• Authors should disclose the role of the research funder(s) or sponsor (if any) in the research design, execution, analysis, interpretation and reporting.
  • Authors should disclose relevant financial and non-financial interests and relationships that might be considered likely to affect the interpretation of their findings or which editors, reviewers or readers might reasonably wish to know.
Appropriate authorship and acknowledgement
  • The authorship of research publications should therefore accurately reflect individuals’ contributions to the work and its reporting.
  • In cases where major contributors are listed as authors while those who made less substantial, or purely technical, contributions to the research or to the publication are listed in an acknowledgement section, the criteria for authorship and acknowledgement should be agreed at the start of the project. Responsibility for the correct attribution of authorship lies with authors themselves working under the guidance of their institution.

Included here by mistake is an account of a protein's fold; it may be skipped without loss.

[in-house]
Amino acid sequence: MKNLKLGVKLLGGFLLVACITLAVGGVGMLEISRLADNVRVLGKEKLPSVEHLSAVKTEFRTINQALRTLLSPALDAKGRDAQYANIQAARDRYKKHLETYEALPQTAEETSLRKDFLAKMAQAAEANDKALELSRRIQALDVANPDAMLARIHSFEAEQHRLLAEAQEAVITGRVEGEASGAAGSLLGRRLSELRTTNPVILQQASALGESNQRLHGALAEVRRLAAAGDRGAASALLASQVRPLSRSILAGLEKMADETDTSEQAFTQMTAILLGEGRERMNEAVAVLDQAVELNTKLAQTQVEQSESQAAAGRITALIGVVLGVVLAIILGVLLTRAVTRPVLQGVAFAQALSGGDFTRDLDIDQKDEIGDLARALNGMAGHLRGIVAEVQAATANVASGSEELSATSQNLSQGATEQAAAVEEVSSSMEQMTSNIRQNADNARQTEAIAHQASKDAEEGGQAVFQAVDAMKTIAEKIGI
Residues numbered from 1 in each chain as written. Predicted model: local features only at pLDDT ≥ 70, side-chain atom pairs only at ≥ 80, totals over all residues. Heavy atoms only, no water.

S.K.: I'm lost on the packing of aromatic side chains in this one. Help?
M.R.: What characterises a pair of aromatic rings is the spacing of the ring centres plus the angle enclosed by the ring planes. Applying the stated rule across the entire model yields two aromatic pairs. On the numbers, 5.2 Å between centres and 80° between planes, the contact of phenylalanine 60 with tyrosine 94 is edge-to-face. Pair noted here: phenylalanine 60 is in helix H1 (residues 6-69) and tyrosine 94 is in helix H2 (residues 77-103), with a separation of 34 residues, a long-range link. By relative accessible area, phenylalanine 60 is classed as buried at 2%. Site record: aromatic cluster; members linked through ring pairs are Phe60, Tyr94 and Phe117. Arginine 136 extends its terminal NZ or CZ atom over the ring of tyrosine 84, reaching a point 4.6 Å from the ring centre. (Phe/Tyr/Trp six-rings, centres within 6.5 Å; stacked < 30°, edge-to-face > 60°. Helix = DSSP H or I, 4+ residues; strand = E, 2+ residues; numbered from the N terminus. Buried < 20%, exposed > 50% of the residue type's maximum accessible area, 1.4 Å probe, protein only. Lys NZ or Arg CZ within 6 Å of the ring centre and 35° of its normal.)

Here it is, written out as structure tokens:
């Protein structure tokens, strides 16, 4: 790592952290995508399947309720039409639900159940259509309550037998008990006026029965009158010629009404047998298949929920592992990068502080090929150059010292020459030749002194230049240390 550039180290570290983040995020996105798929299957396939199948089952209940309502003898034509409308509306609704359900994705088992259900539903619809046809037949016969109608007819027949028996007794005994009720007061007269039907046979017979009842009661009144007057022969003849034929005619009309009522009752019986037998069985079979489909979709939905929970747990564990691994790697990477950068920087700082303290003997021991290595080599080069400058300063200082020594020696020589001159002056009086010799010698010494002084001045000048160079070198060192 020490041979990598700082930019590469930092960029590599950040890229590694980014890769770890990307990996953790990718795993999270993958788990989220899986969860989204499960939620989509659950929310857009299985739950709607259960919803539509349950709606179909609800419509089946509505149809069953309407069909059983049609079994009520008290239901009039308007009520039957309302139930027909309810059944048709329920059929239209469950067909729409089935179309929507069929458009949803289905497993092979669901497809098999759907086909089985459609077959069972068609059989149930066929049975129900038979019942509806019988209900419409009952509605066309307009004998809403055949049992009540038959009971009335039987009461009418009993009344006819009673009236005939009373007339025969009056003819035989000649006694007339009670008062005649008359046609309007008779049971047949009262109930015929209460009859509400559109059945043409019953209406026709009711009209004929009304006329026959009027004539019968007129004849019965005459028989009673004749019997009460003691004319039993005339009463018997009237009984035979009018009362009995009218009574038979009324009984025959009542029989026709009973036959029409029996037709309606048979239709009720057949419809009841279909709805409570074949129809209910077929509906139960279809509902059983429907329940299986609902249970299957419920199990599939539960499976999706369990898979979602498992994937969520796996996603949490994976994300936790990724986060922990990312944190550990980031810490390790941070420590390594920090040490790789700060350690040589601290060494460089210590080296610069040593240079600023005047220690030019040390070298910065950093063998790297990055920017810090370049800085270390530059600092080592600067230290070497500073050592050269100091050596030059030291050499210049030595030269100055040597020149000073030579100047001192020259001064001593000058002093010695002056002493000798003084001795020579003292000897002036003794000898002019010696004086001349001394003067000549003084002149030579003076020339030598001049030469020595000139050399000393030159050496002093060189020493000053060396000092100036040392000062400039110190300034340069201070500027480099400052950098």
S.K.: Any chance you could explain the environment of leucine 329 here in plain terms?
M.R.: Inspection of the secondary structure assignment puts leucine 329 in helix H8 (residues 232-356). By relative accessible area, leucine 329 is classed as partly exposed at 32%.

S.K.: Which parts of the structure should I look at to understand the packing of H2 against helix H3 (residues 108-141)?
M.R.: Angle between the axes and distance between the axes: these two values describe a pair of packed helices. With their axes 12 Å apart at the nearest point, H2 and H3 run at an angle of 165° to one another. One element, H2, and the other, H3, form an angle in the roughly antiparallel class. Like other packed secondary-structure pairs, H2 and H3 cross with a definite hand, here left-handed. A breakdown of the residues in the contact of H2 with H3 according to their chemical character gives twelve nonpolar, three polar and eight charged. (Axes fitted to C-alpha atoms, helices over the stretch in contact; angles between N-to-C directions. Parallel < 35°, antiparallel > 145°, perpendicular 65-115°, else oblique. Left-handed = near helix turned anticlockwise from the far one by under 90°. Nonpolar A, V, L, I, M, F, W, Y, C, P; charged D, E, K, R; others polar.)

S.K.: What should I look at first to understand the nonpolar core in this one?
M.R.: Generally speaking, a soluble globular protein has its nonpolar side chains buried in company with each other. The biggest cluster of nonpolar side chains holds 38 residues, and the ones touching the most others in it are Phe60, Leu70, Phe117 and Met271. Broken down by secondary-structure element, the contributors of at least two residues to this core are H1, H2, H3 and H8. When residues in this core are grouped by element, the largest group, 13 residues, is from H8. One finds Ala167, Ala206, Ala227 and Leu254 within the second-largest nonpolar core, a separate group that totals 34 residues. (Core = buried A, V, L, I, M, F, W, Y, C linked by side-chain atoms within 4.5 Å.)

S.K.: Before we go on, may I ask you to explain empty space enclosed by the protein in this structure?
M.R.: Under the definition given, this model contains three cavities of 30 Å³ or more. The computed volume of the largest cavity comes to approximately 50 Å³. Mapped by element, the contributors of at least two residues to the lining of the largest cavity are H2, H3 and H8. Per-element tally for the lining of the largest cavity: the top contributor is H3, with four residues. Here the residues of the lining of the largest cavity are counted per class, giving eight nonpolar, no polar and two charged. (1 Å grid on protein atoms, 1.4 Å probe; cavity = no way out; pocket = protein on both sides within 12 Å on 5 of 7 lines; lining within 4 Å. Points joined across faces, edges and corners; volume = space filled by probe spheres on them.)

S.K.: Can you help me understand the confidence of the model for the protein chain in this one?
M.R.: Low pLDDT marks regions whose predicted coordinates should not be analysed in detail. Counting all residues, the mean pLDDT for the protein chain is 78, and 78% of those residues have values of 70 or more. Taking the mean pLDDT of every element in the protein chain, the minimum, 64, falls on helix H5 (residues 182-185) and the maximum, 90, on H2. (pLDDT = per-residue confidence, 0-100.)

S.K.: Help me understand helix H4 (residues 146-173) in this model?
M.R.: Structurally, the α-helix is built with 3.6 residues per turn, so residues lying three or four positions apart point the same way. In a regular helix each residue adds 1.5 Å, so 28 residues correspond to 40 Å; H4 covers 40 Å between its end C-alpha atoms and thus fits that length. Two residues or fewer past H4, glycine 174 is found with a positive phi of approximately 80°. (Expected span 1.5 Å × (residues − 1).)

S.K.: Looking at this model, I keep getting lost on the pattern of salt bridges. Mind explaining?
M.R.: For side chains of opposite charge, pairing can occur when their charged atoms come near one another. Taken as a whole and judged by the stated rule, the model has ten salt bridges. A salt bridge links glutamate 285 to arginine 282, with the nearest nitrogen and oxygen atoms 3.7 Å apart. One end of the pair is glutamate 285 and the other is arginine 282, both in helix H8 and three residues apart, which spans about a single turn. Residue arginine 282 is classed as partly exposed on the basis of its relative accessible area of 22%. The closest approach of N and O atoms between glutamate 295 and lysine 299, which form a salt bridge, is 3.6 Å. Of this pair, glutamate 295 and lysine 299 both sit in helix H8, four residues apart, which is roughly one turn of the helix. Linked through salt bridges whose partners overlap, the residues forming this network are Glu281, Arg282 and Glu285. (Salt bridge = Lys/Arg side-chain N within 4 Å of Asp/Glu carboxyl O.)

• Researchers should ensure that only those individuals who meet authorship criteria (i.e. made a substantial contribution to the work) are rewarded with authorship and that deserving authors are not omitted.
  • All authors should agree to be listed and should approve the submitted and accepted versions of the publication. Any change to the author list should be approved by all authors including any who have been removed from the list.
  • Authors should not use acknowledgements misleadingly to imply a contribution or endorsement by individuals who have not, in fact, been involved with the work or given an endorsement.